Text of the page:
Shaked Y, de Vargas C . (2006). Pelagic photosymbiosis: rDNA assessment of diversity and evolution of dinoflagellate symbionts and planktonic foraminiferal hosts. Mar Ecol Prog Ser 325: 59–71.
Shannon P, Markiel A, Ozier O, Baliga NS, Wang JT, Ramage D et al. (2003). CytoScape a software environment for integrated models of biomolecular interaction networks. Genome Res 13: 2498–2504.
Smetacek V . (1981). The annual cycle of protozooplankton in the Kiel Bight. Mar Biol 63: 1–11.
Stabell T, Andersen T, Klaveness D . (2002). Ecological significance of endosymbionts in a mixotrophic ciliate - an experimental test of a simple model of growth coordination between host and symbiont. J Plankton Res 24: 889–899.
Stanley GD Jr . (2006). Ecology, photosymbiosis and the evolution of modern coral reefs. Science 312: 857–858.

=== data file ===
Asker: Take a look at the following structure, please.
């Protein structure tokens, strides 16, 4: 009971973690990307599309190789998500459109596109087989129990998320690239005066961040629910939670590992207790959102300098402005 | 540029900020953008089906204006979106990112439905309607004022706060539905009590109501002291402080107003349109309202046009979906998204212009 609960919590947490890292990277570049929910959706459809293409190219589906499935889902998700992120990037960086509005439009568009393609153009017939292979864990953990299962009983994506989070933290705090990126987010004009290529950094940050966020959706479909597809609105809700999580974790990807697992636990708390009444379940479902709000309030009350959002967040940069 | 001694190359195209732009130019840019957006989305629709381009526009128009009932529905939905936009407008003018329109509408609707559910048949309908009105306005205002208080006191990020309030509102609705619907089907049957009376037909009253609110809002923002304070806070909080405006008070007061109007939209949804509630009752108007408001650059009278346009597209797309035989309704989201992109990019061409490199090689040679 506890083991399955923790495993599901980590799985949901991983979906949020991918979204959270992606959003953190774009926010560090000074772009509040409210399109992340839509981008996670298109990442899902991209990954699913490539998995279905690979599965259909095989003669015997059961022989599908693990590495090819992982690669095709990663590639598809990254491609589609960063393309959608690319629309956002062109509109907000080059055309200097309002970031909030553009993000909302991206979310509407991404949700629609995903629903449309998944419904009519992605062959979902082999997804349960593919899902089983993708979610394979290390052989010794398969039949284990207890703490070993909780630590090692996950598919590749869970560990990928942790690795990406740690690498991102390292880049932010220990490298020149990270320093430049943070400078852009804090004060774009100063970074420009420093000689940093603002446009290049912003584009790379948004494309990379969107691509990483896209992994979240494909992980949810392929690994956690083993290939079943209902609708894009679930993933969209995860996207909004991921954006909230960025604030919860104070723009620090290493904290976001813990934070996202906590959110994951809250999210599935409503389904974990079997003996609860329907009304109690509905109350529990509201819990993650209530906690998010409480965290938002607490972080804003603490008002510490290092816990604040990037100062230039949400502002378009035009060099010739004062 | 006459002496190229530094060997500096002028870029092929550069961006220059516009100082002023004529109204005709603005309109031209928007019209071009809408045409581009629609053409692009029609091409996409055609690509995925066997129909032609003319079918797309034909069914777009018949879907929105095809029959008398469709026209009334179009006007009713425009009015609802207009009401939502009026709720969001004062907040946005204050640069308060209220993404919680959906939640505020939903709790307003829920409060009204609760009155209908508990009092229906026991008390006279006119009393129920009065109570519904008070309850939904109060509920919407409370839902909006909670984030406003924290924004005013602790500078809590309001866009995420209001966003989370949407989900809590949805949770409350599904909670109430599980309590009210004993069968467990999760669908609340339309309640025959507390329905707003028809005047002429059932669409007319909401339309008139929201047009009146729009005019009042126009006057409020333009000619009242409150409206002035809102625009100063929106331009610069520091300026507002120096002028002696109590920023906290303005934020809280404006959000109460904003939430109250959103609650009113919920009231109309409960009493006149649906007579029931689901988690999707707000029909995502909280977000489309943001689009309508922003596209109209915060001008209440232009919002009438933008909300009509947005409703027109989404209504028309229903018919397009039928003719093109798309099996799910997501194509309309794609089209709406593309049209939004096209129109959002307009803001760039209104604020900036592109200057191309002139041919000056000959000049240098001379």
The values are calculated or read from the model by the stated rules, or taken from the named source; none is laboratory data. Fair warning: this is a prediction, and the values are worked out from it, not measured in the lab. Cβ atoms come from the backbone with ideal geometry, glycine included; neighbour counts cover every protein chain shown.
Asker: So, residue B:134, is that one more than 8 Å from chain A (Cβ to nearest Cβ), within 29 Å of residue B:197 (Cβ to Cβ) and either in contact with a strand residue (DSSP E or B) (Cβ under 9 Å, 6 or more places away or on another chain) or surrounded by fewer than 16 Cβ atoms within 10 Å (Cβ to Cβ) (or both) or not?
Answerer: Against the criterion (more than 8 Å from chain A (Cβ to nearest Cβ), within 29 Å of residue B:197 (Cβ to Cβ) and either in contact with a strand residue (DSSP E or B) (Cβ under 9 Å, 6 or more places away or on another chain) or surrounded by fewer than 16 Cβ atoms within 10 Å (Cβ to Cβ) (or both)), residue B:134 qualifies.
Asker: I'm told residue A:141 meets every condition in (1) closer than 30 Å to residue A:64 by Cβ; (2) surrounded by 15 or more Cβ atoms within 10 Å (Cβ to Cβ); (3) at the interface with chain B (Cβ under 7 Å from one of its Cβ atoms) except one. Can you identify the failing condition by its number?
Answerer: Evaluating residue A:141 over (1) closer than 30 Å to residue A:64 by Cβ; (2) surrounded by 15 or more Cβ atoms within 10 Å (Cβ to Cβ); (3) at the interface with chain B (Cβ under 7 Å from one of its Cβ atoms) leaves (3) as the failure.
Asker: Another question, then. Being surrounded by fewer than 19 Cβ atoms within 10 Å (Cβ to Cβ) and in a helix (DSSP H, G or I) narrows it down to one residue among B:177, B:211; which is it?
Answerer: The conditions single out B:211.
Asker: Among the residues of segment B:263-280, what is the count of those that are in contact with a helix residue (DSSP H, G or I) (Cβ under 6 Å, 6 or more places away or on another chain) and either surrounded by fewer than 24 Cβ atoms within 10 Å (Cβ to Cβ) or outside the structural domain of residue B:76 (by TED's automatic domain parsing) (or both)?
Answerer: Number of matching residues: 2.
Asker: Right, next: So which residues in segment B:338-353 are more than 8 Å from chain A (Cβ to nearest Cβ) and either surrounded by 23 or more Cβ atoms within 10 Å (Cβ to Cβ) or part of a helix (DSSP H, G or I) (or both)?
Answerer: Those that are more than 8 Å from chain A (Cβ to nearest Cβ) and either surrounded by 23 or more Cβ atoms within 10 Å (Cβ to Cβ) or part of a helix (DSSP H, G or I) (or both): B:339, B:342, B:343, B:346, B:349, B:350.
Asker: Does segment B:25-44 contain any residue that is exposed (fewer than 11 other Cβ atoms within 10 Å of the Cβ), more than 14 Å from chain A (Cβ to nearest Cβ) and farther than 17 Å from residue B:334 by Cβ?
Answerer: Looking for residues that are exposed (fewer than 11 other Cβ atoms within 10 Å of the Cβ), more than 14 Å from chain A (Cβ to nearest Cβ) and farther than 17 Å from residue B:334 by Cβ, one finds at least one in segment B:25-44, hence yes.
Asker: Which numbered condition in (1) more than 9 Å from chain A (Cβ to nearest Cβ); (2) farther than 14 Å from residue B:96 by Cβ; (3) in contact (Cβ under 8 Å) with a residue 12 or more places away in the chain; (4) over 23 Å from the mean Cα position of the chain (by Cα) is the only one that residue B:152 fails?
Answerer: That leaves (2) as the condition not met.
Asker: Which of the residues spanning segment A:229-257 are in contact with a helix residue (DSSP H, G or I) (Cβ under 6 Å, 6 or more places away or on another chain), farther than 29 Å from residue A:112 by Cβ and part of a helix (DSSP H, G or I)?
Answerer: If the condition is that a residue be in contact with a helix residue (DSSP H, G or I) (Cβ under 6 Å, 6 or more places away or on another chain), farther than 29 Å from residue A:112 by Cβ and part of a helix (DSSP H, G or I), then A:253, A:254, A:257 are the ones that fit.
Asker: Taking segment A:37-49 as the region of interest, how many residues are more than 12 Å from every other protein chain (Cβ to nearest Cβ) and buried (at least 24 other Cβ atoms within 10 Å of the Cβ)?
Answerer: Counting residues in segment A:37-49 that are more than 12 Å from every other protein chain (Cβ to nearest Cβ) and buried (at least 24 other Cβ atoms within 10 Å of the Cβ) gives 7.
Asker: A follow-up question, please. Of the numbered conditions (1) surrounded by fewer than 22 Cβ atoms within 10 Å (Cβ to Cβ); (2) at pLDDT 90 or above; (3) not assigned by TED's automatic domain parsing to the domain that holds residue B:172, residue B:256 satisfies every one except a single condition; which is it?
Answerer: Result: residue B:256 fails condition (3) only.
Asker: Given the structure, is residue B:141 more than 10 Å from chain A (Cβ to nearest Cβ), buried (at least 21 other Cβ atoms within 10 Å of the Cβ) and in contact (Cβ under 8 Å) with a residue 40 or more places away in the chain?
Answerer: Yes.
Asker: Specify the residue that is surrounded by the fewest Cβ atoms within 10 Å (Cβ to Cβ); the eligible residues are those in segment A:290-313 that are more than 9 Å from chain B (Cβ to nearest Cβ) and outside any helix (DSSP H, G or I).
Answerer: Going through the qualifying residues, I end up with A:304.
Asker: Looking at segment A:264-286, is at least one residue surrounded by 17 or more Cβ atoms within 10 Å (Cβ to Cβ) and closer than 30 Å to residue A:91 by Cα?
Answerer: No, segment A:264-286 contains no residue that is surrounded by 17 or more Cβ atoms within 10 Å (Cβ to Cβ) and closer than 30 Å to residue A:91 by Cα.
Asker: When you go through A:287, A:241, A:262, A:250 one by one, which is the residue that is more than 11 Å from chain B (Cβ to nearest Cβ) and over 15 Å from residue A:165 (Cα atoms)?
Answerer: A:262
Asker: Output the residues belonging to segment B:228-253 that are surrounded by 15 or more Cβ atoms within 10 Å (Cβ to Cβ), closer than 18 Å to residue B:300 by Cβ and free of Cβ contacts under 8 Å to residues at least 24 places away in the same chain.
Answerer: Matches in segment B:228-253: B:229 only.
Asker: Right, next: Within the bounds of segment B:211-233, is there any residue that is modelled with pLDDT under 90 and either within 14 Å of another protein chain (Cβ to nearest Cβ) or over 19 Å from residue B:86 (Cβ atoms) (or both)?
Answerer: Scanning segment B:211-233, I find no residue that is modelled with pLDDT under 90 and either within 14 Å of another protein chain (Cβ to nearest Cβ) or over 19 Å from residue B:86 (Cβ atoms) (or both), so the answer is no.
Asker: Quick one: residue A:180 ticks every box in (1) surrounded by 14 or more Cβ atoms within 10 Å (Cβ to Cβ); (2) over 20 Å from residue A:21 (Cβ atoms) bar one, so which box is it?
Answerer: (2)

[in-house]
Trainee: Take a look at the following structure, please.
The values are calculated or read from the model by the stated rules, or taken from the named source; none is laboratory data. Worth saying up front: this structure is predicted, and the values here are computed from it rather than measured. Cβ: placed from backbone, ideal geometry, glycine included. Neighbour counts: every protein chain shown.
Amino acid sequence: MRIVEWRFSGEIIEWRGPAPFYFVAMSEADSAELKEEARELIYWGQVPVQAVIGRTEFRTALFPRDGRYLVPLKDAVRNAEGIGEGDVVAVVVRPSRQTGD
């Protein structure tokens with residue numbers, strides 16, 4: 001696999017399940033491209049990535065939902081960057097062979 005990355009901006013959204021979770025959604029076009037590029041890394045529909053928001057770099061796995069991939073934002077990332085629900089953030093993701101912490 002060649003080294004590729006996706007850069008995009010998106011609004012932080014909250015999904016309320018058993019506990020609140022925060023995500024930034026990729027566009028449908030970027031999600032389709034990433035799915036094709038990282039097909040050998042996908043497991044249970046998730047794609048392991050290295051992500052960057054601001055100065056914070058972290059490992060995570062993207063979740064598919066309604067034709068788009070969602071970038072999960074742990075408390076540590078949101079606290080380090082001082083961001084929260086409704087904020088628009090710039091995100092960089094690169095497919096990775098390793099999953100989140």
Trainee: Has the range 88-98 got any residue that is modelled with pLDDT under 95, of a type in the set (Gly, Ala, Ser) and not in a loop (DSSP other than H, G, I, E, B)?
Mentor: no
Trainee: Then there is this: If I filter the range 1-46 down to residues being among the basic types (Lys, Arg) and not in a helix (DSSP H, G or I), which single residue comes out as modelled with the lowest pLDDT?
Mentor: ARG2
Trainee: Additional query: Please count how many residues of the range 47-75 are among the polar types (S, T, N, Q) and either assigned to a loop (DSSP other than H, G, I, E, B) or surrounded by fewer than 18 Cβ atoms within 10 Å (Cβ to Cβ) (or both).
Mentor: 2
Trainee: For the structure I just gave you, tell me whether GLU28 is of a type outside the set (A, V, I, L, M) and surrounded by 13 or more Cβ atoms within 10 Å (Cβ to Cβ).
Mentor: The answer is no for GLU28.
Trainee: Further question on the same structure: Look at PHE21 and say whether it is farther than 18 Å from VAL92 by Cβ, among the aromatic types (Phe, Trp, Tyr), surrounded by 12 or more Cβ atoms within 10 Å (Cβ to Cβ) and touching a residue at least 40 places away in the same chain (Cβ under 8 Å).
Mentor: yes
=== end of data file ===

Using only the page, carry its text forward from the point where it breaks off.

Stoecker DK, Johnson MD, de Vargas C, Not F . (2009). Acquired phototrophy in aquatic protists. Aquat Microb Ecol 57: 279–310.
Stoecker DK, Silver MW, Michaels AE, Davis LH . (1988–1989). Enslavement of algal chloroplasts by four Strombidium spp. (Ciliophora, Oligotrichida). Mar Microb Food Webs 3: 79–100.
Swanberg NR, Caron DA . (1991). Patterns of sarcodine feeding in epipelagic oceanic plankton. J Plankton Res 13: 287–322.
Sweeney BM . (1976). Pedinomonas noctilucae (Prasinophyceae), the flagellate symbiotic in Noctiluca (Dinophyceae) in Southeast Asia. J Phycol 12: 460–464.
Taylor FJR . (1982). Symbioses in marine microplankton. Ann Inst Oceanogr Paris (Nouv Ser) 58: 61–90.
Trench RK, Thinh L . (1995). Gymnodinium linucheae sp. nov.: the dinoflagellate symbiont of the jellyfish Linuche unguiculata. Eur J Phycol 30: 149–154.
Warner ME, LaJeunesse TC, Robison JD, Thur RM . (2006). The ecological distribution and comparative photobiology of symbiotic dinoflagellates from reef corals in Belize: potential implications for coral bleaching. Limnol Oceanogr 51: 1887–1897.